Write Off the Vine: Texas Wine News – July 2, 2009
Texas wine country a rising lone star: The Lone Star State is crushing grapes in emergent wine country
by Josh Noel | Chicago Tribune Staff Writer
NEW BRAUNFELS, Texas — At Dry Comal Creek Vineyards and Winery, in this state’s lovely and looping Hill Country, there’s a recommendation for how to try the 2008 Sauvignon Blanc. Take a small sip and swallow. Then scoop some habanero jelly onto a cheap cracker, chew, sip the rest of the wine and swallow the whole mess.
Sure enough, it is delicious — sweet, spicy and salty, finished with a bright, dry alcoholic flourish. But wouldn’t that make the French wince?
“Yeah, they wouldn’t like it one bit,” said David King, 50, the bushy-haired redhead pouring samples in Dry Comal’s quaint, low-ceilinged tasting room. “But it’s a flavor combination we discovered a long time ago. Quite tasty.”
They do things their own way at Hill Country wineries, and it is a distinctly Texas kind of way. Pride and craft are obvious in most bottles. With few exceptions, the wines I sampled at half a dozen tasting rooms were memorable for one good reason or another. But Hill Country wineries remain rooted in a laid-back Texas casualness.
A Little “Cheese” With Texas Wine
By Lisa Petty in Conspicuous Consumption
Wednesday, Jul. 1 2009 @ 10:34AM
Last Wednesday, the folks at the Texas Department of Agriculture (an organization that definitely deserves a cooler name) took over Pappas Bros. Steakhouse for a big ol’ photo shoot to promote the Go Texan Restaurant Program. Showcasing restaurants serving Texas wine, produce, shrimp and other Lone Star products, the program also hosts an annual Restaurant Round-Up to raise money for food banks across the state.
This year’s round-up is coming up in September, and in honor of the occasion Pappas Bros. own Barbara Werley and Kim Wood spiffed up for a little time in the spotlight.
We arrived on the scene at 11:00. Pappas Bros. was teeming with photographers, TDA folks, restaurant staffers and annoying reporters (well, maybe just one annoying reporter). Right off the bat, we took a moment to pester–um, chat with–acclaimed Master Sommelier Barbara Werley.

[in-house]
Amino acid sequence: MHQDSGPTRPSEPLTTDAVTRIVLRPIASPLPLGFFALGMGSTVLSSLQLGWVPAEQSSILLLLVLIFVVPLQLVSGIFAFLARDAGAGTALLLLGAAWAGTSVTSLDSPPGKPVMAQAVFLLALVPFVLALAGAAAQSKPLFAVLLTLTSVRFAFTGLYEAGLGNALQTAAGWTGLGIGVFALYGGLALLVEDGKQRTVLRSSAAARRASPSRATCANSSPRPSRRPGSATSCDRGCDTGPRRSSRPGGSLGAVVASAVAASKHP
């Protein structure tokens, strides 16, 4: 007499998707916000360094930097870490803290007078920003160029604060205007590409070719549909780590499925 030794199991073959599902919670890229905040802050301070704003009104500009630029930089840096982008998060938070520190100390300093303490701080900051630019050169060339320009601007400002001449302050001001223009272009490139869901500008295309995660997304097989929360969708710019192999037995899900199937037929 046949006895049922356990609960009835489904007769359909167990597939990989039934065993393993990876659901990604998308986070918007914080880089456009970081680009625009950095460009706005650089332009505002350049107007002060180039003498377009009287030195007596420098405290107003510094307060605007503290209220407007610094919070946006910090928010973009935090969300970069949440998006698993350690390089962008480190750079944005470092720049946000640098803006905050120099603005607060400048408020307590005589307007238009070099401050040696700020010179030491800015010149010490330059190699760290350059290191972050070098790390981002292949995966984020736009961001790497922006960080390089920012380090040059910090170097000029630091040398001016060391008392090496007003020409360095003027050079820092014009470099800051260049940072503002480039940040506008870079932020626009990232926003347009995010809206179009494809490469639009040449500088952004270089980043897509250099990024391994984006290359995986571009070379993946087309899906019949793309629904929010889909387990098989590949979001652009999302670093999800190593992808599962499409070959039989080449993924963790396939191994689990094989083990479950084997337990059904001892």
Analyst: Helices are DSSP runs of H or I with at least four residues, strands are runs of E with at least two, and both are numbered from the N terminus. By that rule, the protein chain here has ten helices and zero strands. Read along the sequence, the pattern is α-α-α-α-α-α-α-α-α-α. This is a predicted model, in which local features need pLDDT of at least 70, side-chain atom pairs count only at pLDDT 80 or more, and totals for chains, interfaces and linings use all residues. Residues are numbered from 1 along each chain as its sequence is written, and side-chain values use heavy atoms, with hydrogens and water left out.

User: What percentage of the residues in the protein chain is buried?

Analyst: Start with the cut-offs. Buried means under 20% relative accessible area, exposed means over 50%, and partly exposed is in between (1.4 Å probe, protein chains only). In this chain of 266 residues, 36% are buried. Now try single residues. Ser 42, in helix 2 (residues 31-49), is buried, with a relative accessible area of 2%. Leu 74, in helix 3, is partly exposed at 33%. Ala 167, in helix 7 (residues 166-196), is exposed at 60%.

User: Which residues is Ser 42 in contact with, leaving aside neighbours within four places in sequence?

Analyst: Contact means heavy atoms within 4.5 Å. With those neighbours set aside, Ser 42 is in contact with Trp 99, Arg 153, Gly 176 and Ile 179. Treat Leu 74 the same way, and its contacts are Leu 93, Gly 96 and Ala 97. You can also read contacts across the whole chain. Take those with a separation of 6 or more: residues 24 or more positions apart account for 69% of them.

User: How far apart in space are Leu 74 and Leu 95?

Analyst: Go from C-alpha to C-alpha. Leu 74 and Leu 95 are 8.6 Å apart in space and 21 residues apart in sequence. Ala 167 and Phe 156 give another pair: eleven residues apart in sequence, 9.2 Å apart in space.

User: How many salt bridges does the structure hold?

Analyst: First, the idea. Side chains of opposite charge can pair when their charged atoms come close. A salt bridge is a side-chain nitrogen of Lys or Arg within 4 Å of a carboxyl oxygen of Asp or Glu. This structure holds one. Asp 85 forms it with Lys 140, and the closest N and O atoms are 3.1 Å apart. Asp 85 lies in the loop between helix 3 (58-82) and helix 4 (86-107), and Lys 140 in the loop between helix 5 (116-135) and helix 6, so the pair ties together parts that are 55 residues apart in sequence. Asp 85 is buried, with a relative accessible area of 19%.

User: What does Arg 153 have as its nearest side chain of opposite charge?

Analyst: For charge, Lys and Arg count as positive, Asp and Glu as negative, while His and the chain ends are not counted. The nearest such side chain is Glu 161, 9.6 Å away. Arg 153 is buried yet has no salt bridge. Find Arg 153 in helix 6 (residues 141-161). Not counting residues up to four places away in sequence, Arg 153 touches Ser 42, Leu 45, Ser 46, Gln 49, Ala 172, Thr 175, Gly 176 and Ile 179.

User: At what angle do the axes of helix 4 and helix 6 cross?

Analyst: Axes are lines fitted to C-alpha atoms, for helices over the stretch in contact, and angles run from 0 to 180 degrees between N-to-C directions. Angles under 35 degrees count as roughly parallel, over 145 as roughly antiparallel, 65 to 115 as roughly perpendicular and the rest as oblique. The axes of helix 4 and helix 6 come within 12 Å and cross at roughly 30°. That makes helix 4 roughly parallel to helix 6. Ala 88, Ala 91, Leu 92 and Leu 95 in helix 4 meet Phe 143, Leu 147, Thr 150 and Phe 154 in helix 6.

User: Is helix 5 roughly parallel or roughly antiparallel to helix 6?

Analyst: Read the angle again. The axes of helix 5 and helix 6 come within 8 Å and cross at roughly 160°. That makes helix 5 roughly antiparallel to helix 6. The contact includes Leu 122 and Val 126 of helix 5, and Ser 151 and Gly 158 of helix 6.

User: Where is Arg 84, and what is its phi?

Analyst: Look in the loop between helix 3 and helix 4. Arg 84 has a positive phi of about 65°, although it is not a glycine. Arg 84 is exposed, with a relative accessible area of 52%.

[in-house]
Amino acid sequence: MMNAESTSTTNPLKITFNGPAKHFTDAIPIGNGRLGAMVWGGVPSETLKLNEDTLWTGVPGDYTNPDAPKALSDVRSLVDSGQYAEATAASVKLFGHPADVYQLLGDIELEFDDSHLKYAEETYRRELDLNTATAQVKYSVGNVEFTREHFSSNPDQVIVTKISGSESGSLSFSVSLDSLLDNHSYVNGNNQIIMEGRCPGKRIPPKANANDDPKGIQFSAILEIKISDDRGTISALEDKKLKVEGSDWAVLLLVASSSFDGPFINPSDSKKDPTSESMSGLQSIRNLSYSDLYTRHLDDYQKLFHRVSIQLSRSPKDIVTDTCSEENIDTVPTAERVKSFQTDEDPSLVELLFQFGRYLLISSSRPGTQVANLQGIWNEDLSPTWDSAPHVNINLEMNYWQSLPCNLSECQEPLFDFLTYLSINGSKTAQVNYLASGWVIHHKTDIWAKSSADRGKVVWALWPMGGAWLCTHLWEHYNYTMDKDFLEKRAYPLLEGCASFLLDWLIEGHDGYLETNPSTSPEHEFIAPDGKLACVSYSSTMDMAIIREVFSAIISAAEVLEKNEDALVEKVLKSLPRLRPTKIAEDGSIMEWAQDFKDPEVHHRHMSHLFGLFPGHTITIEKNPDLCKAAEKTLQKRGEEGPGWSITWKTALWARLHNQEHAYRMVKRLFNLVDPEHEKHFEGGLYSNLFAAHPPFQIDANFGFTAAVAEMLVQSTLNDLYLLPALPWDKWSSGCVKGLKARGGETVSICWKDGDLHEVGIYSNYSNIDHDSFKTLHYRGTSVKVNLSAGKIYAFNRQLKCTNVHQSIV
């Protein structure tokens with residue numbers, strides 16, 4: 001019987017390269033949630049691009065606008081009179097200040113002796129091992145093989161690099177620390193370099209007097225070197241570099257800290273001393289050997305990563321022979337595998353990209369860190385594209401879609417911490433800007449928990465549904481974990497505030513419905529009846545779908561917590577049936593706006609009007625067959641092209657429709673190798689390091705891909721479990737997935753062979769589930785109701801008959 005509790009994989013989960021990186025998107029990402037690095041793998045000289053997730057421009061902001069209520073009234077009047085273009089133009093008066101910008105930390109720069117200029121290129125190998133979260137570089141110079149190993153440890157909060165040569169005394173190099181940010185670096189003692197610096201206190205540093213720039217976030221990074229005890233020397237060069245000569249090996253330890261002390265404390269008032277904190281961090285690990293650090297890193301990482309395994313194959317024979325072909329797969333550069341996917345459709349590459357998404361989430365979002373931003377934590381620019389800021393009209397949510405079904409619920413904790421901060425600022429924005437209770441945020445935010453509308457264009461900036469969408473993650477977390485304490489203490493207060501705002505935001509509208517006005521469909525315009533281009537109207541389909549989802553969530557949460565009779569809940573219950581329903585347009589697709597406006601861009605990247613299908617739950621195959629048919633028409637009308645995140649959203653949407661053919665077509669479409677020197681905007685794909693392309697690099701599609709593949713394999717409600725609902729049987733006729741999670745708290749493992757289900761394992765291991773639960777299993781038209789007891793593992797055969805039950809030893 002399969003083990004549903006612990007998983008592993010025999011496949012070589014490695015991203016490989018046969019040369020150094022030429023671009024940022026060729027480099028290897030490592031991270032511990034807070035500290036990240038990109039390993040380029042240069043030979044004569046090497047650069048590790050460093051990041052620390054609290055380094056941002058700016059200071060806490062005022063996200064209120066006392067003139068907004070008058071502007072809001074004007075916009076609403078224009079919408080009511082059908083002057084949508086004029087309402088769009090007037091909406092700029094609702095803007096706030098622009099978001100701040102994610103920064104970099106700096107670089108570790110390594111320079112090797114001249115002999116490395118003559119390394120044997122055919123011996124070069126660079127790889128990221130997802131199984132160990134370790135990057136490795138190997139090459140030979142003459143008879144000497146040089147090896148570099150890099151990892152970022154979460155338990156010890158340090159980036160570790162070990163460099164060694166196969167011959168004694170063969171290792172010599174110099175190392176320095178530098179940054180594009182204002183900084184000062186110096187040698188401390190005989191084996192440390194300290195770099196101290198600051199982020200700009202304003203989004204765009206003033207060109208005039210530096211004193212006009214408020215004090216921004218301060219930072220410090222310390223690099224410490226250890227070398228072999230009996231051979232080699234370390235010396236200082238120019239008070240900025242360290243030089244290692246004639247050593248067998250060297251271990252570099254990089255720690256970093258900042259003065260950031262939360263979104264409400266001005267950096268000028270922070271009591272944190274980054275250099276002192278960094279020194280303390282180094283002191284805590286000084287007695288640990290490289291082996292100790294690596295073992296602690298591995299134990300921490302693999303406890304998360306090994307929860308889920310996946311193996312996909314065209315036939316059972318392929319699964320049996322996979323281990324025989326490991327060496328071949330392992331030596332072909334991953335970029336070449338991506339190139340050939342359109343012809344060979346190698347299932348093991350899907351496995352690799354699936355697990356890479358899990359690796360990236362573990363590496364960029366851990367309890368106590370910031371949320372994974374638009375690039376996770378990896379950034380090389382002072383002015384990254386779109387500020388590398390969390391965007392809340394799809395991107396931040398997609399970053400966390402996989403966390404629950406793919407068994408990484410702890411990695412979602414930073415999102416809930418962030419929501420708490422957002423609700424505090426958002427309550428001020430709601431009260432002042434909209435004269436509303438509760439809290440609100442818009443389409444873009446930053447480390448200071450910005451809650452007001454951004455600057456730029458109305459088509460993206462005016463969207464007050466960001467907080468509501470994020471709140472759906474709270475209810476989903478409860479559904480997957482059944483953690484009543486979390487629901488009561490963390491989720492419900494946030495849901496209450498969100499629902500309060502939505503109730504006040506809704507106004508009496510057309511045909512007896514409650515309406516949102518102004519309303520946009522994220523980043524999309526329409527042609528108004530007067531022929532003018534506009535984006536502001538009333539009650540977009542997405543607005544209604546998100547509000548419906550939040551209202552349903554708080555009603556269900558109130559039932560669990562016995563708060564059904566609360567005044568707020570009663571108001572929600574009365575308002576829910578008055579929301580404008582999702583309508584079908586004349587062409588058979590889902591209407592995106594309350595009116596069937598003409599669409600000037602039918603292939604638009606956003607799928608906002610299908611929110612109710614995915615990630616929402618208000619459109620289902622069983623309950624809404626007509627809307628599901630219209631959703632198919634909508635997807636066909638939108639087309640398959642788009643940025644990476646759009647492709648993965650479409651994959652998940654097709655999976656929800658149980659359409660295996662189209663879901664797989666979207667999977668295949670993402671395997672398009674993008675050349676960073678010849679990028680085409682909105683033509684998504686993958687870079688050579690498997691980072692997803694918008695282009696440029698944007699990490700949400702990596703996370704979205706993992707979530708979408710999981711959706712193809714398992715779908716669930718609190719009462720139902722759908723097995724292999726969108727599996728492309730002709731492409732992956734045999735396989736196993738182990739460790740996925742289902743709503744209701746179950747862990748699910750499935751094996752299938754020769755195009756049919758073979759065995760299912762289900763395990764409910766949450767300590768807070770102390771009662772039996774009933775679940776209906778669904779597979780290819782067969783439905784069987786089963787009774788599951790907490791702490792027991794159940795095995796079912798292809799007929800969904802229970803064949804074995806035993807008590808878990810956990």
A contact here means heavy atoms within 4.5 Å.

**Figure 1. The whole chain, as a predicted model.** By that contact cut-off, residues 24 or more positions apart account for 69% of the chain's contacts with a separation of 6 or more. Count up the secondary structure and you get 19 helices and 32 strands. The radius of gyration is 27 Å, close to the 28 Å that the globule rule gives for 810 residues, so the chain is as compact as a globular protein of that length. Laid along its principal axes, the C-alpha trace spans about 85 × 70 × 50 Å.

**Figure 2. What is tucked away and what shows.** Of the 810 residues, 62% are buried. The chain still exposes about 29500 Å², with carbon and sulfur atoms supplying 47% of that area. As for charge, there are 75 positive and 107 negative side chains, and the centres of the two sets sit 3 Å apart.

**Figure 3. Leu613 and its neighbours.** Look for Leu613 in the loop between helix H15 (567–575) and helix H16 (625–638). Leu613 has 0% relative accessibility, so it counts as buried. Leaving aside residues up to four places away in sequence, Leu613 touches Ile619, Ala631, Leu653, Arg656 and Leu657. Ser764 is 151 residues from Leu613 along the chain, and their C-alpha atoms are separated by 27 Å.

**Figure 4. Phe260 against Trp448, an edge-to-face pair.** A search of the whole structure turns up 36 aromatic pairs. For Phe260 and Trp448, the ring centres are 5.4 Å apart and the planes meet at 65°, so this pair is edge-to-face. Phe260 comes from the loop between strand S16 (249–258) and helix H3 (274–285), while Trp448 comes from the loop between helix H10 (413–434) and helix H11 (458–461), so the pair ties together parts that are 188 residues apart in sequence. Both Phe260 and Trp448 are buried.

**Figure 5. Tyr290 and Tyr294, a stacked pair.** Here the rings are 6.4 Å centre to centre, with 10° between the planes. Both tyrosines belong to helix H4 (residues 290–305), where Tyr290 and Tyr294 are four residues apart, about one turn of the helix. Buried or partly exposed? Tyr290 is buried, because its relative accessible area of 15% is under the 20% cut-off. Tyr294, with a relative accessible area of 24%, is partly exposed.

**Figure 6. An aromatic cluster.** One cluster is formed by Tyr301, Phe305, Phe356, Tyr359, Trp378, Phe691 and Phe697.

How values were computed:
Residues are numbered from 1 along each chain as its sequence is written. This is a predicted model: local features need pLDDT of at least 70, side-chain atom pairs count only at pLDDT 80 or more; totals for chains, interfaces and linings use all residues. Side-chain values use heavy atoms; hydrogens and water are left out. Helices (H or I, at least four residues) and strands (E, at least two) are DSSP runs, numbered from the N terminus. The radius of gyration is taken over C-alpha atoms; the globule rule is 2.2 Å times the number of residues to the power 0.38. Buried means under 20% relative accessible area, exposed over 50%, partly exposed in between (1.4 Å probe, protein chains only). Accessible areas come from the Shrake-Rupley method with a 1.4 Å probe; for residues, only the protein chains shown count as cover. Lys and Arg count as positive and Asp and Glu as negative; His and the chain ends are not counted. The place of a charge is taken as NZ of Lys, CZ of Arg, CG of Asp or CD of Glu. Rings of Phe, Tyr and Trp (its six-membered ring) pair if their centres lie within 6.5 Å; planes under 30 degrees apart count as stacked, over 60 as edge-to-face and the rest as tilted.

5th Annual Texas Fall Fest & Wine Auction October 2-4 Horsehoe Bay,TX
Friday, October 2nd – “Sunset Stroll” with Texas Winemakers pouring 6:30pm – 9:00pm cellar selections and Hill Country Chefs serving $40/persom sensational fare for guests’ pleasure at the beautiful Spicewood Vineyards new Spicewood Vineyards Event Center Sip, savor and dance the night away to the music of John Arthur Martinez. “Chefs Taste-Off” will be judged by Pat Sharpe, Wes Marshall and Denman Moody.
Saturday, October 3rd – “Cellaring the Best” Dinner and Wine Auction 6:30pm– 10:30pm Featuring III Forks Executive Chef Jaimie Gutierrez $95/person and his sizzling steaks, served right off the grill. Quail Point, HSB Enter the wine cellar loaded with rare and large format bottles and other collectibles in the silent auction, while guests enjoy the culinary talents of Chef Robbin Murphy, Horseshoe Bay Resort Marriott. “Surprise Entertainment” will keep guests energized throughout this delectable dinner with live auction evening at “Quail Point Members Club” on Lake LBJ.
Sunday, October 4th – “Farm-to-Table & Wine Fair” featuring the “Chefs 12noon – 4:00pm Challenge Beef Cookoff” $20/person Plan to be entertained by the lively bantor of Tiffany Fall Creek Vineyards Collins/Texas Beef Council and “Miss Jane” Texas Culinary Academy as guests taste-judge the chef’s grilled beef selections on the at “Fare Grounds” of Fall Creek Vineyards at Tow, Texas on Lake Buchanan.Winemakers will be pouring tastes and selling their wines, alongside booths laden with “tastes of Texas” artisanal cheeses, olive oils, breads, condiments, and all things Texas will be available for your tasting pleasure and purchase. A cooking Demonstration along with “Lunch and Learn” and “Wine and Food Pairing” classes will be available by a $5/person reservation.
Watch for more information at: www.texasfallfest.com
Hitting the Marc
by Byron Browne on TexasEscapes.com
The wine industry in Texas is blooming. The Texas Agriculture Department lists almost 120 wineries in the state and reports that as of 2007, Texas is this country’s 5th largest producer of grapes and wine. For anyone who has traveled to west Texas or the Hill Country during the past several years they have undoubtedly noticed the many rectangular, maroon Winery signs along the highways, a number that appears to increase with each new season.